We will not be able to absorb these increased costs so I am sending you this for your 2008 budget planning.

Over the next few weeks we will be looking at our pricing and see where we need to be to remain profitable.

Your business is appreciated and we will work to remain competitive in this era of low profit margins.

Please let me know if you have any comments or concerns.

Bobby G. Miller, Jr.
General Manager
Greater Georgia Printers, Inc.
Crawford, GA 30630


Dear Valued Customer,

Today we are announcing a $60 /mt increase in our North American 48.8 gsm newsprint price. In an effort to be sensitive to our customers’ business, we will be implementing the increase in a staged manner - $20 January 1st, $20 February 1st and $20 March 1st.

Equivalent adjustments will be made for 45 gsm. Also effective January 1, 52.0 gsm will be priced the same as 48.8 gsm and will not be yield-adjusted.

We have undertaken a range of steps over the past few years to respond to the new market reality. The recent combination of Abitibi-Consolidated and Bowater is the most recent move to take costs out of our organization to meet the challenge that lies before us. Both predecessor companies had significantly reduced costs and AbitibiBowater has set an aggressive synergy target for the new company. Unfortunately, cutting costs alone will not return our Company to profitability.

In the last year, as pricing has fallen substantially, we have faced continued increases in fiber and energy input costs. At the same time, the U.S. dollar has continued to weaken compounding the negative impact on our financial results. We are absolutely committed to be a long term, high quality supplier of newsprint to our N.A. customers. As such, returning the revenue side of our business to an acceptable level is a critical component of our long term viability.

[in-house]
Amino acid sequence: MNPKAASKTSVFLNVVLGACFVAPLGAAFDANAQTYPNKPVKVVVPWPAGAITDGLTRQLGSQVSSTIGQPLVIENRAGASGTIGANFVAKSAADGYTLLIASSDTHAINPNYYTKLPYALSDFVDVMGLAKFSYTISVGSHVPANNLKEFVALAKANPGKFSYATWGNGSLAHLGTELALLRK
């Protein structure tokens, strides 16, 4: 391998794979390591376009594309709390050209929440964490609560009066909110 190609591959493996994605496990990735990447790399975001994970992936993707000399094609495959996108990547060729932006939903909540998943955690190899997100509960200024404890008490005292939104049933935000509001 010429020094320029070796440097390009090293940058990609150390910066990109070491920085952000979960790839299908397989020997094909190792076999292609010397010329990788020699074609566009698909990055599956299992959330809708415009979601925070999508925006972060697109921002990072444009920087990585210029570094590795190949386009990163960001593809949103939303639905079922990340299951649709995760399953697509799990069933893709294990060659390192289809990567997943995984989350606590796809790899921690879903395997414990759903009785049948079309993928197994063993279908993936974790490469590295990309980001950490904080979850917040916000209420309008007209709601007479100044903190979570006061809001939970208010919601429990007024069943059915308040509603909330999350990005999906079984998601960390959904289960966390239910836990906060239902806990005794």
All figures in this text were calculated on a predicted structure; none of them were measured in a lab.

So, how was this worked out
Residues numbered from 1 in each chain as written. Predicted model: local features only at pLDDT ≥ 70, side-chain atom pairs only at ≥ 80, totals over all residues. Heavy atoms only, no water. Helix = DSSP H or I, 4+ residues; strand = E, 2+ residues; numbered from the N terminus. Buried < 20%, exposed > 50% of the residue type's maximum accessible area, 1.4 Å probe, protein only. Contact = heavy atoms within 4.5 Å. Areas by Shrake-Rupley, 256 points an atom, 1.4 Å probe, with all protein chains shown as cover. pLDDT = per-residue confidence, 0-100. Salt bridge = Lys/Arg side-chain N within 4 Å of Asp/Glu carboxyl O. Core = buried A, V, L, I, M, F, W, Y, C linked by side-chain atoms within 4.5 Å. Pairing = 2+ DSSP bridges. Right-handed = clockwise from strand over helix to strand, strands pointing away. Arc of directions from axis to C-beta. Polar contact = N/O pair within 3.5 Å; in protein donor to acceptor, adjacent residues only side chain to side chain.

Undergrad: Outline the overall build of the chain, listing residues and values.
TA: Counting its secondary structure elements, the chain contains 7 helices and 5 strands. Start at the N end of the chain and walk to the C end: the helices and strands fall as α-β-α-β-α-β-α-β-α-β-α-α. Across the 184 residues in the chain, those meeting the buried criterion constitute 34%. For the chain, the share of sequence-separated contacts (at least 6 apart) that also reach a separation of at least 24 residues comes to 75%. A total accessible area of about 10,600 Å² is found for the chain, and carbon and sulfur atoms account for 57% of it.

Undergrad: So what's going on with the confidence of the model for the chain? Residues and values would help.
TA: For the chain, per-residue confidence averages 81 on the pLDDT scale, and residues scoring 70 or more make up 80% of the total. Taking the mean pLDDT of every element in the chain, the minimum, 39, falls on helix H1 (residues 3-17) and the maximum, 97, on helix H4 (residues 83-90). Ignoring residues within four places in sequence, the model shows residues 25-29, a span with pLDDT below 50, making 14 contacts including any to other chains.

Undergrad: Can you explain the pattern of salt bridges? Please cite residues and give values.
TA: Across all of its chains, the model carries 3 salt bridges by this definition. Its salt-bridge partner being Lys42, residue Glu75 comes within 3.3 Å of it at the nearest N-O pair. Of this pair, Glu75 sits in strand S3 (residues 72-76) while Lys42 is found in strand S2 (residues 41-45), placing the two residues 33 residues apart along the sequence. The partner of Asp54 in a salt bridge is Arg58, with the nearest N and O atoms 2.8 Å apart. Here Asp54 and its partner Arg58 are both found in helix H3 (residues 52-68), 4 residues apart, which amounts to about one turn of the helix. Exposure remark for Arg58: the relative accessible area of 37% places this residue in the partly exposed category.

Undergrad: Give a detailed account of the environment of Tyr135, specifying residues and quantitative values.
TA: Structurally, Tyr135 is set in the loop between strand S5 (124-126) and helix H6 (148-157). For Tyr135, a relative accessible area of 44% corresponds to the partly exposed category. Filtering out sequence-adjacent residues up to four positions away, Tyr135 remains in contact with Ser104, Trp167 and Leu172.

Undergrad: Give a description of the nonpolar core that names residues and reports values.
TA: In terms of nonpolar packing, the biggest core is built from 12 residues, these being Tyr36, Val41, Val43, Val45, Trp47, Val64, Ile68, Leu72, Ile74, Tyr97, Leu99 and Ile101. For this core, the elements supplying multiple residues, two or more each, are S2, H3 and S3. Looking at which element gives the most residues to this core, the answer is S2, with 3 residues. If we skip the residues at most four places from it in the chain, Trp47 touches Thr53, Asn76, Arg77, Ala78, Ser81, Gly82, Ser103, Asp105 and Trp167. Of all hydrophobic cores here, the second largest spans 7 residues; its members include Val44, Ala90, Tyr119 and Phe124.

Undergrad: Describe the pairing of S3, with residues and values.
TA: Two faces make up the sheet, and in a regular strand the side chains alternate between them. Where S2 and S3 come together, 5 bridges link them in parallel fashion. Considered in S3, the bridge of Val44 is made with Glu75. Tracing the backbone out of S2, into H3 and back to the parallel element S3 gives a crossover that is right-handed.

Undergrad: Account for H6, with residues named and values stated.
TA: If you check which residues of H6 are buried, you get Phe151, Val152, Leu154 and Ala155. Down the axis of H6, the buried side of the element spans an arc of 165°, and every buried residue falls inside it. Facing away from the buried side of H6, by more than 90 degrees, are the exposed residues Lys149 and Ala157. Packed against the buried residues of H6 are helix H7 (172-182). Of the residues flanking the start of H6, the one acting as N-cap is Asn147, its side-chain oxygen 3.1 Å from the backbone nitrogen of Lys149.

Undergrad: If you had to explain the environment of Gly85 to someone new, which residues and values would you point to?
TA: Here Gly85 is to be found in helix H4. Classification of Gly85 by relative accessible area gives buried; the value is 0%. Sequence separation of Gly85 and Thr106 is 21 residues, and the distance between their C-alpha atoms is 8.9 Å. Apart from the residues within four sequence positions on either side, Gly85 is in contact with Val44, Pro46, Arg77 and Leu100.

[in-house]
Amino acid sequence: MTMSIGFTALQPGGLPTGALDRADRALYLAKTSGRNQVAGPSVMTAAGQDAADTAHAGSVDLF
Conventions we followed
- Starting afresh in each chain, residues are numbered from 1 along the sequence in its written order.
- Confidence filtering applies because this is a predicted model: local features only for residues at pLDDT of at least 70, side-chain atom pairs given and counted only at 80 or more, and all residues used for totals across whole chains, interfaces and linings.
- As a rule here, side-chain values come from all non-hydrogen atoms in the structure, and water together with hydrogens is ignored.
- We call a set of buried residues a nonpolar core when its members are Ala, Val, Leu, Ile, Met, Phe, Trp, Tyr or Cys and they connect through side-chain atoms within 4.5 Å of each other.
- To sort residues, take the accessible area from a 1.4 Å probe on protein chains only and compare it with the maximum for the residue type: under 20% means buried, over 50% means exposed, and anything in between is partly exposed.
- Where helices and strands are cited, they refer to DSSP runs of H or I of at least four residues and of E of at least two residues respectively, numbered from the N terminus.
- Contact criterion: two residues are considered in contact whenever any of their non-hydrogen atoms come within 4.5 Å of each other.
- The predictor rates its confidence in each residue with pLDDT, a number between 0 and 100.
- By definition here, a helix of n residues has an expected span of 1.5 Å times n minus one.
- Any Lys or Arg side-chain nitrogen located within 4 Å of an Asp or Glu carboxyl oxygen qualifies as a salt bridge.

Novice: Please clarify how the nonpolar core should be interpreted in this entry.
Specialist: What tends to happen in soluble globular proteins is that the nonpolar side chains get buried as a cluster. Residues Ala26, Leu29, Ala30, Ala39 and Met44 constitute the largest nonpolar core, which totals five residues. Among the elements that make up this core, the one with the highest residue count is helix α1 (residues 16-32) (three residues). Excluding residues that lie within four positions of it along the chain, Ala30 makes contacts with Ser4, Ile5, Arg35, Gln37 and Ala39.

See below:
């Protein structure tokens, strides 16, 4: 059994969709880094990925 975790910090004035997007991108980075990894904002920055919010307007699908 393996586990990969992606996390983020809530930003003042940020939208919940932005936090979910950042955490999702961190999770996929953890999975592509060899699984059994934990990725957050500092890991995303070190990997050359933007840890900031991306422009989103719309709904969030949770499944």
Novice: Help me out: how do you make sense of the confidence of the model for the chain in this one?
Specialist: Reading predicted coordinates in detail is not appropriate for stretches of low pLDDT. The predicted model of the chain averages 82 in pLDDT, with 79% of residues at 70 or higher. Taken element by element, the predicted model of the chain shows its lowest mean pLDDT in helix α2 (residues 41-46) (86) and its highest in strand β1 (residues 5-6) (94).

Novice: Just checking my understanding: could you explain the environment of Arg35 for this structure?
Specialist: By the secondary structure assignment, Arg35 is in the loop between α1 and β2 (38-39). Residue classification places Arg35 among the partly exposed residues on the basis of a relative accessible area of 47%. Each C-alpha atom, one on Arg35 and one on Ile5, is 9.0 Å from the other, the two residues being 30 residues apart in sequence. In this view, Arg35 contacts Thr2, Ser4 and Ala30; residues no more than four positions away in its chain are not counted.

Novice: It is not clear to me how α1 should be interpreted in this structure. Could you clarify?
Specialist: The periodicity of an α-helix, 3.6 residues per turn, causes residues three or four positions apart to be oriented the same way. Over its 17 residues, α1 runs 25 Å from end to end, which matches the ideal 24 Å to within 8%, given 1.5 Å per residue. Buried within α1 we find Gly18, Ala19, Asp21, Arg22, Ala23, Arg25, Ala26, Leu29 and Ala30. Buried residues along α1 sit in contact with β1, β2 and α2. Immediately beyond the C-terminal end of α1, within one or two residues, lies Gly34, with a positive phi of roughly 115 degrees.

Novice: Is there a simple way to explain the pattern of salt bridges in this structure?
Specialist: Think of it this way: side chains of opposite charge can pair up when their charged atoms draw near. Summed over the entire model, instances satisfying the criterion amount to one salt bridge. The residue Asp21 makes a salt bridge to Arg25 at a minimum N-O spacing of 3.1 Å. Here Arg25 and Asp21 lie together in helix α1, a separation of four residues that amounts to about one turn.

If you have any questions regarding this increase or any other matters, please feel free to contact myself or your sales representative. Your business is important to us and we appreciate the opportunity to serve you.


Colin Keeler
Vice President
North American Newsprint Sales

Monday, November 12, 2007

The 1914 Christmas Truce of World War One

You may have seen Paul McCartney's music video about the Christmas Truce of 1914, when enemy soldiers in World War One stopped fighting, crossed the trenches, and celebrated Christmas together.

The song (whose title I forget) appeared on McCartney's Pipes of Peace CD. But this historical event has also been written about in Christmas Truce: The Western Front December 1914 and in Silent Night: The Story of the World War One Christmas Truce, and recounted on the CD, Silent Night, Holy Night: The Story of the Christmas Truce.

Do you know any "Christians" who eagerly support our current wars? These books and CDs will make wonderfully appropriate Christmas gifts -- a great way to remind them that there's more to Christianity than bombing foreigners who never attacked us.

Thursday, November 08, 2007

Johnny Rotten downplays "Anarchy"

I've never been an anarchist, but I've met several anarchists in the LP. If you're one of them, you may be interested to read what the Sex Pistols's Johnny Rotten recently told Los Angeles City Beat:

"Anarchy is mind-games for the middle class. It’s a wonderful philosophy if you’ve got the spare time to indulge in it. It’s more like French abstract art than reality, because ultimately you would destroy everything. What’s the point of that if you’ve got nothing to replace it with? Anarchy is a problem. It’s not a solution. But it’s worthy of some thought."

Wednesday, November 07, 2007

Voters for Peace Pledge

Voters for Peace is asking people to sign their peace pledge, by which you pledge to only support federal candidates who'll promise to end the war in Iraq and prevent future wars of aggression. The War Party will likely ignore it, but still, it's an easy and inexpensive way for you to promote peace.

If you want to go a step further, Voters for Peace also sells peace merchandise on their site.

And they accept online donations.